08 Juli 2014

[080714.EN.BIZ] Closing US Exim Bank Divides General and Special interest Republicans

CONSERVATIVE US lawmakers seek to stop the reauthorisation of the Export-Import Bank in September, because it usurps the role of the private sector, Reuters reports.

The controversy over the status of the US Export-Import Bank has been taken up by the House Financial Services Committee to decide whether the bank's charter will be renewed.

Ex-Im's lending increased 70 per cent between 2008 and 2010 as the bank joined other public sector export credit agencies around the globe to lend when commercial banks would not.

The US Export-Import Bank (Ex-Im), an 80-year-old federal agency, provides government-backed loans to foreign buyers, to assist them in purchasing US products, reports the Daily Caller, of Washington, DC.

This issue dates back to 2012, when the then-house majority leader, Republican Congressman Eric Cantor, blocked attempts by fellow Republicans to turn down the bank's reauthorisation request.

Committee chairman Texas Republican Congressman Jeb Hensarling opposed reauthorisation, saying Ex-Im's financing of Boeing and Caterpillar counts as market interference and corporate welfare.

But businesses support reauthorisation of the Ex-Im bank, calling the abolition of the bank, "Sunilateral trade disarmament". Among supporters are the Chamber of Commerce and the National Association of Manufacturers.

Reports of kickbacks and cronyism have heightened the controversy. Four Ex-Im officials have recently been removed after investigations revealed corruption.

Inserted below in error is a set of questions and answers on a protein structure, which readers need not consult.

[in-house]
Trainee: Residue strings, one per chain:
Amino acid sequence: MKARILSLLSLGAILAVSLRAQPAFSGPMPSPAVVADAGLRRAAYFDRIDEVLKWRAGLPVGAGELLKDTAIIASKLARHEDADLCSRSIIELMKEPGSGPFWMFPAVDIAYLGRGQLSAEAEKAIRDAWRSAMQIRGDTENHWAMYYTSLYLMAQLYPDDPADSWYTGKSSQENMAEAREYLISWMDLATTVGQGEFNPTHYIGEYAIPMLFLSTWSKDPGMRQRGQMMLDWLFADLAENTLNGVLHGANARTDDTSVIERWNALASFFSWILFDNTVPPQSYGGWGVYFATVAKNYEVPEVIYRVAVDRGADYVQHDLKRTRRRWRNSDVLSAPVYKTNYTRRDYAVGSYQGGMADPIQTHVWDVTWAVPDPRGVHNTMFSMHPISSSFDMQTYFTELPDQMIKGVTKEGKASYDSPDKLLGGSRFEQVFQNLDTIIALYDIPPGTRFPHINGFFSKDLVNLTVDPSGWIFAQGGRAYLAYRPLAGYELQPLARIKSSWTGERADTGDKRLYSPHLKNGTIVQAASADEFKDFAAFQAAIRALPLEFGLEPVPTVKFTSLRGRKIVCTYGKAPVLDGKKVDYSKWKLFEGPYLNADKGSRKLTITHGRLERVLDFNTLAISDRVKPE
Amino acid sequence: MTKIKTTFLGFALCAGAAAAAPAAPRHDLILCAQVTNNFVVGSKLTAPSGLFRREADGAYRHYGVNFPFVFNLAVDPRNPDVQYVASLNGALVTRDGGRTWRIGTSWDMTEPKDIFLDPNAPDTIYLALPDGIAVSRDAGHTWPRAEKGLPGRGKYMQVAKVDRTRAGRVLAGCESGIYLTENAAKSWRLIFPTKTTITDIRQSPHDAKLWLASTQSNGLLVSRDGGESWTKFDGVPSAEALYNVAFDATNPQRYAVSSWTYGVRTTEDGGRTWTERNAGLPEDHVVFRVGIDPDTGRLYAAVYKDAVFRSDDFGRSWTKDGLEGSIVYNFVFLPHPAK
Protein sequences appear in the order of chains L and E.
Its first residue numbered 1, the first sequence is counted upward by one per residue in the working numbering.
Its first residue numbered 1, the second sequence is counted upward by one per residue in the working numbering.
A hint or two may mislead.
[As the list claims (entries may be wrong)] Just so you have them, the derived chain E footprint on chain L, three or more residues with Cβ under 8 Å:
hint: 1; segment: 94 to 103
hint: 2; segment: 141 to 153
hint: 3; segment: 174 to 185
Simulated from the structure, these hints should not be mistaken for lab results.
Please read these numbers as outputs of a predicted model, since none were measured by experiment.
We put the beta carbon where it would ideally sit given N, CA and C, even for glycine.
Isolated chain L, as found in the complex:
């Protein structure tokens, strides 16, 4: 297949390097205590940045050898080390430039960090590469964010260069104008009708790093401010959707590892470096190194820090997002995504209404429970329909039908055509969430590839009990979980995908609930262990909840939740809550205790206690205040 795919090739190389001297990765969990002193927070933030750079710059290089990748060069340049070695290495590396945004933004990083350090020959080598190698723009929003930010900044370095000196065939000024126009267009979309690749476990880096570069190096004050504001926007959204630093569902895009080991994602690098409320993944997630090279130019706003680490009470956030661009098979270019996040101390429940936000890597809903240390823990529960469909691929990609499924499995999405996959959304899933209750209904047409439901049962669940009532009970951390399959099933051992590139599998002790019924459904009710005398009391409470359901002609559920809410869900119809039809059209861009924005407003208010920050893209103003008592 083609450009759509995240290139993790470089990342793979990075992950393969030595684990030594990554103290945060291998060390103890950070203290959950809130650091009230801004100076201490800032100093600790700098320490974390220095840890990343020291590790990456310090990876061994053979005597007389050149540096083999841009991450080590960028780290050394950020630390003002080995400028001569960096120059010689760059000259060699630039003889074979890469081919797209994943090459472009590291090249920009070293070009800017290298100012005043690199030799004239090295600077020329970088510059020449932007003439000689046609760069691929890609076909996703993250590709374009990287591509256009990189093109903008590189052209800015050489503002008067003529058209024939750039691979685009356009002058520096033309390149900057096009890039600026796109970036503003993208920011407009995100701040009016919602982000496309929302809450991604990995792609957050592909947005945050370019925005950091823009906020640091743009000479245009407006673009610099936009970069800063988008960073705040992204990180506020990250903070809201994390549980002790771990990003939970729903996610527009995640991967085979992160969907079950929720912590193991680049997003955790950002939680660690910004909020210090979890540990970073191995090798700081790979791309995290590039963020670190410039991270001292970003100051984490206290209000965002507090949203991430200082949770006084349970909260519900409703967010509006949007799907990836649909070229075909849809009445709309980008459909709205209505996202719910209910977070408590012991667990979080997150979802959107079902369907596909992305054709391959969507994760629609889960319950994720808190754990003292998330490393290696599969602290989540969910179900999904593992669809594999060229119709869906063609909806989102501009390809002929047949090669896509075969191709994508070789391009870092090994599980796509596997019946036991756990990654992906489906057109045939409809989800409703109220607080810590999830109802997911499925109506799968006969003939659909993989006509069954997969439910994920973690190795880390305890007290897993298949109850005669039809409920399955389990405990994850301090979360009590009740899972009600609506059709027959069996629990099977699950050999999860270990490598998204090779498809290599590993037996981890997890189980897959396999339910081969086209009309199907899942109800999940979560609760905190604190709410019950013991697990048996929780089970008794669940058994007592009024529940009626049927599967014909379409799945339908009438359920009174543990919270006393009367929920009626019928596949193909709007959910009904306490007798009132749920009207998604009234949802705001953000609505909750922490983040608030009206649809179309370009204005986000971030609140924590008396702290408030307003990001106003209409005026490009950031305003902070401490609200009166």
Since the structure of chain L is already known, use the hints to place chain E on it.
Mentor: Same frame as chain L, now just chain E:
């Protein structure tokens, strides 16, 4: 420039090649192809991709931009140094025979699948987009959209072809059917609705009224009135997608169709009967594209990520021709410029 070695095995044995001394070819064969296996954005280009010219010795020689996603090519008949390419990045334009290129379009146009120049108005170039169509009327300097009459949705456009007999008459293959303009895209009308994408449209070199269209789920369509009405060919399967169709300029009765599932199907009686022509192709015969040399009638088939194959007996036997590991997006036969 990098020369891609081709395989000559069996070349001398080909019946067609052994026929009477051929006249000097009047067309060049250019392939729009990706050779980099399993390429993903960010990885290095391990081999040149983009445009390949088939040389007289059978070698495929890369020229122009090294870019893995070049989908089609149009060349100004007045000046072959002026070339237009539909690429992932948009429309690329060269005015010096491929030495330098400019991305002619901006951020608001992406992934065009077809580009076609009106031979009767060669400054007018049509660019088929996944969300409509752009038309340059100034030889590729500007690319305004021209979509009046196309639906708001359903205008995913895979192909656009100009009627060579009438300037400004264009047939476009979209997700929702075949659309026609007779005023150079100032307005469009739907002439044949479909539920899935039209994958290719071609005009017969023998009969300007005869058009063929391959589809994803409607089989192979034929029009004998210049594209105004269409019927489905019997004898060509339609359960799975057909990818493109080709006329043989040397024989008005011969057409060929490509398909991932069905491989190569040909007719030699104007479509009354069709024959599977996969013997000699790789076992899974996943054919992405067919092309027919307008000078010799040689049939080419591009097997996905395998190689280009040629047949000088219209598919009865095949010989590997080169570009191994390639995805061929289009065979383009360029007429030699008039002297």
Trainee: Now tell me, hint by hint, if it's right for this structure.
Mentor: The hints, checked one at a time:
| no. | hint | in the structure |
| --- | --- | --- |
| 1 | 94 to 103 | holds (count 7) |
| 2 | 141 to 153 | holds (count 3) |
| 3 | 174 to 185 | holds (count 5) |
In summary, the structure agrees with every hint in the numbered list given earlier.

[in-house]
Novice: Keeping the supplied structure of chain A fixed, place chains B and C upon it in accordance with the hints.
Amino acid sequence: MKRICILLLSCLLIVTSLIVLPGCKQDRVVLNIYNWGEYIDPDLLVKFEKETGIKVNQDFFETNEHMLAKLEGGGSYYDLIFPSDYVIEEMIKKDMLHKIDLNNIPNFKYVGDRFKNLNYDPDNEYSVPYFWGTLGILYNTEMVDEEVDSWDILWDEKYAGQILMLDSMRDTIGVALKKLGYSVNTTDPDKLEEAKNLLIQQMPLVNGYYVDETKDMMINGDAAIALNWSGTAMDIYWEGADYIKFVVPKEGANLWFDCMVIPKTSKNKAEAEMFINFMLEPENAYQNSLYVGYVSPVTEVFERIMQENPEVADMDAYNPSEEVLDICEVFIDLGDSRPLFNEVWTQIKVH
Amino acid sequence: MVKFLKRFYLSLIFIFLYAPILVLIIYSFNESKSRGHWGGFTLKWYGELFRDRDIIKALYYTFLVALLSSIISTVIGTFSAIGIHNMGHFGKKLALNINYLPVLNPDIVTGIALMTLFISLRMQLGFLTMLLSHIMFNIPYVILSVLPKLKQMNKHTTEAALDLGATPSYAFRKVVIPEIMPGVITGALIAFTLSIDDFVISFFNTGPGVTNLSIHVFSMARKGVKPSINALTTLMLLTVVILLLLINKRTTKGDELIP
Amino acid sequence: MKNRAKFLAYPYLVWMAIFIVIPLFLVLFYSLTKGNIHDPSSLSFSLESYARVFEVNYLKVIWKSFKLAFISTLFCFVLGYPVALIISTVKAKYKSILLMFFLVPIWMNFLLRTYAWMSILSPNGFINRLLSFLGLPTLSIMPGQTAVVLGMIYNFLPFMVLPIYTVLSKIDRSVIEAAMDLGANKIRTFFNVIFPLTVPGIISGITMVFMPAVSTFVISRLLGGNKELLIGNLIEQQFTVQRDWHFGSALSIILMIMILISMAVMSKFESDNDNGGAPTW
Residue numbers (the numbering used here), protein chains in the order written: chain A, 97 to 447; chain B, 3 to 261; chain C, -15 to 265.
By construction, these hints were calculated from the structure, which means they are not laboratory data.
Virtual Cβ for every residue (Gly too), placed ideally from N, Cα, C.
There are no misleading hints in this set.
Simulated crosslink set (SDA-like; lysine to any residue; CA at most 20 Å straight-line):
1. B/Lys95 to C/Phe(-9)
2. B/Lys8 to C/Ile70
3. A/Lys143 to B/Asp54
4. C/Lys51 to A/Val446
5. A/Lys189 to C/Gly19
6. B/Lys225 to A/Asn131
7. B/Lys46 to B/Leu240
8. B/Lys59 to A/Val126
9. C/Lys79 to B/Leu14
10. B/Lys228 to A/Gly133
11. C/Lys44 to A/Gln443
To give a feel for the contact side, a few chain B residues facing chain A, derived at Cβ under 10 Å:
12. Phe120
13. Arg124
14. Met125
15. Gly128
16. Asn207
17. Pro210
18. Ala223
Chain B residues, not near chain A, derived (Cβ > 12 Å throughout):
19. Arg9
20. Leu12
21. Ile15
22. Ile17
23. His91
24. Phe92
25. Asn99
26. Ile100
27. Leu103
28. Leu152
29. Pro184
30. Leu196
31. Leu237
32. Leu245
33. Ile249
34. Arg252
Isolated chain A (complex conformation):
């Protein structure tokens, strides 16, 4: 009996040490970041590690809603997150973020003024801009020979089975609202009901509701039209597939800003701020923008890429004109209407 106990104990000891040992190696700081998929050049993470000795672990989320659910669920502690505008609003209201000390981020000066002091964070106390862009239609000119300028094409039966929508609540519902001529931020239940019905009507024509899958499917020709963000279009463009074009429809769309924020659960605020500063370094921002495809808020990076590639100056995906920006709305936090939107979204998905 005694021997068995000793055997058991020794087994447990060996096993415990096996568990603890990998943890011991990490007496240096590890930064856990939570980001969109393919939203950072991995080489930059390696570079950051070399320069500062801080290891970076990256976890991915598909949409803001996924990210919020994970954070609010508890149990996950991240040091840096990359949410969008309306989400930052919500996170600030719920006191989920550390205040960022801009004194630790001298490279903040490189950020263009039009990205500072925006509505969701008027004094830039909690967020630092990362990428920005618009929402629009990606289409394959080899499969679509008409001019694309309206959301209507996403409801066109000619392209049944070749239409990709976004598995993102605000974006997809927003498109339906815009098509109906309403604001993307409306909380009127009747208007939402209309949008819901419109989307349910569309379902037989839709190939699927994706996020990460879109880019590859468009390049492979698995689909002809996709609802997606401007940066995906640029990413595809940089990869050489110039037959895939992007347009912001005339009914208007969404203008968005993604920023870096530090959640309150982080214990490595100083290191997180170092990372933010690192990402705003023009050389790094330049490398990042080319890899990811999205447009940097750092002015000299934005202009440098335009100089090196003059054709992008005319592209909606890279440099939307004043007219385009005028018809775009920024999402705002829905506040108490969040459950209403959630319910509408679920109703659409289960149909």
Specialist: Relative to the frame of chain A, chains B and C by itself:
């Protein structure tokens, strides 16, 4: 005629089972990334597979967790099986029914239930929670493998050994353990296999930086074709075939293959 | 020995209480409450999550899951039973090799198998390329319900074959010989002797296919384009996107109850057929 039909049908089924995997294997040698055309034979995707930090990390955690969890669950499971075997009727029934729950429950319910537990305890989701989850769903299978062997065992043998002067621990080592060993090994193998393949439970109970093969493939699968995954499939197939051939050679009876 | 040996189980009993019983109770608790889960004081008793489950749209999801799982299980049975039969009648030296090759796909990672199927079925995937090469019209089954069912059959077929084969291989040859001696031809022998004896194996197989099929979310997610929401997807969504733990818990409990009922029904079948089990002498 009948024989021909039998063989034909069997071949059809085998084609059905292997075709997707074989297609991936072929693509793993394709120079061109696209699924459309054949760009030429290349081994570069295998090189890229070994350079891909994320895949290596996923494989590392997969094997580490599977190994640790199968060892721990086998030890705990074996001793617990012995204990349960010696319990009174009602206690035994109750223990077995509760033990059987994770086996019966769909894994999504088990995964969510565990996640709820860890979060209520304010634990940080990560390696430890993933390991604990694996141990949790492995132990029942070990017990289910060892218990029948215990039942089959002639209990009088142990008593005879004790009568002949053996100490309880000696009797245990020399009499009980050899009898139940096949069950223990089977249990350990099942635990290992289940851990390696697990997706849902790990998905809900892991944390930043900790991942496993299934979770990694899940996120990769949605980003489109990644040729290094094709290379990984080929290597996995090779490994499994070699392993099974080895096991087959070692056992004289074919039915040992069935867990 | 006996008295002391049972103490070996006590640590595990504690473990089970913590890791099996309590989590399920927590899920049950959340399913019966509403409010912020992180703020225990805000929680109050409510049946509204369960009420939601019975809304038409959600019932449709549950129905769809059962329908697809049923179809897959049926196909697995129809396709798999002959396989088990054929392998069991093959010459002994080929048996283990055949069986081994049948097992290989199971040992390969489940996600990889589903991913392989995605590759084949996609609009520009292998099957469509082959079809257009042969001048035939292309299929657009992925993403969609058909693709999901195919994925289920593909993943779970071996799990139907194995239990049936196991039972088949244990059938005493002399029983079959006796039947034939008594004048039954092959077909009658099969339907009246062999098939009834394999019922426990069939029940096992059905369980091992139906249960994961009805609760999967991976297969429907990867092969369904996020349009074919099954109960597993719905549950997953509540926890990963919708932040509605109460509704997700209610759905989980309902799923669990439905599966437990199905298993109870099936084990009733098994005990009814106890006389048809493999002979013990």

In particular, Johnny Gutierrez, an Ex-Im official, accepted cash payments from a Florida-based company which exports construction materials to Latin America.

But Massachusetts Democratic Congressman Stephen Lynch warned: "We cannot exit the battlefield. This will drastically tip the balance in favour of foreign companies. No other country will voluntarily disarm."

Christine Harbin, the national issue campaign manager for Americans For Prosperity, has been at the forefront of the issue in recent months. "We have been leading a coalition of conservative organisations in opposing Ex-Im," Harbin told The Daily Caller.

Solid Republican has not yet been achieved, with 41 GOP men warning of the economic consequences of failing to renew Ex-Im's charter. Texas Gov Rick Perry also wrote urging reauthorisation.

While many big companies could likely organise financing elsewhere, albeit on less favourable terms, small firms with fewer options worry they might not be so lucky.

Global exports and trade finance have bounced and are at record highs, data from export insurance association Berne Union suggests public agencies, like the Ex-Im Bank, still provide much of the support, said Reuters.

About one-tenth of world trade is protected by policies provided by Berne Union members, both public and private. The private sector share of Berne Union-insured exports and investments shrank from about two-thirds in 2008 to just under half in 2013.

Banks, which are estimated to finance about one-third of global trade, are crimped by tighter financial regulation.

"In the wake of the crisis, banks are wary of longer-term commitments," said Peterson Institute for International Economics senior fellow Gary Hufbauer. "Those loans are hard to get outside of the official export credit agencies, like Ex-Im."

Source : HKSG.

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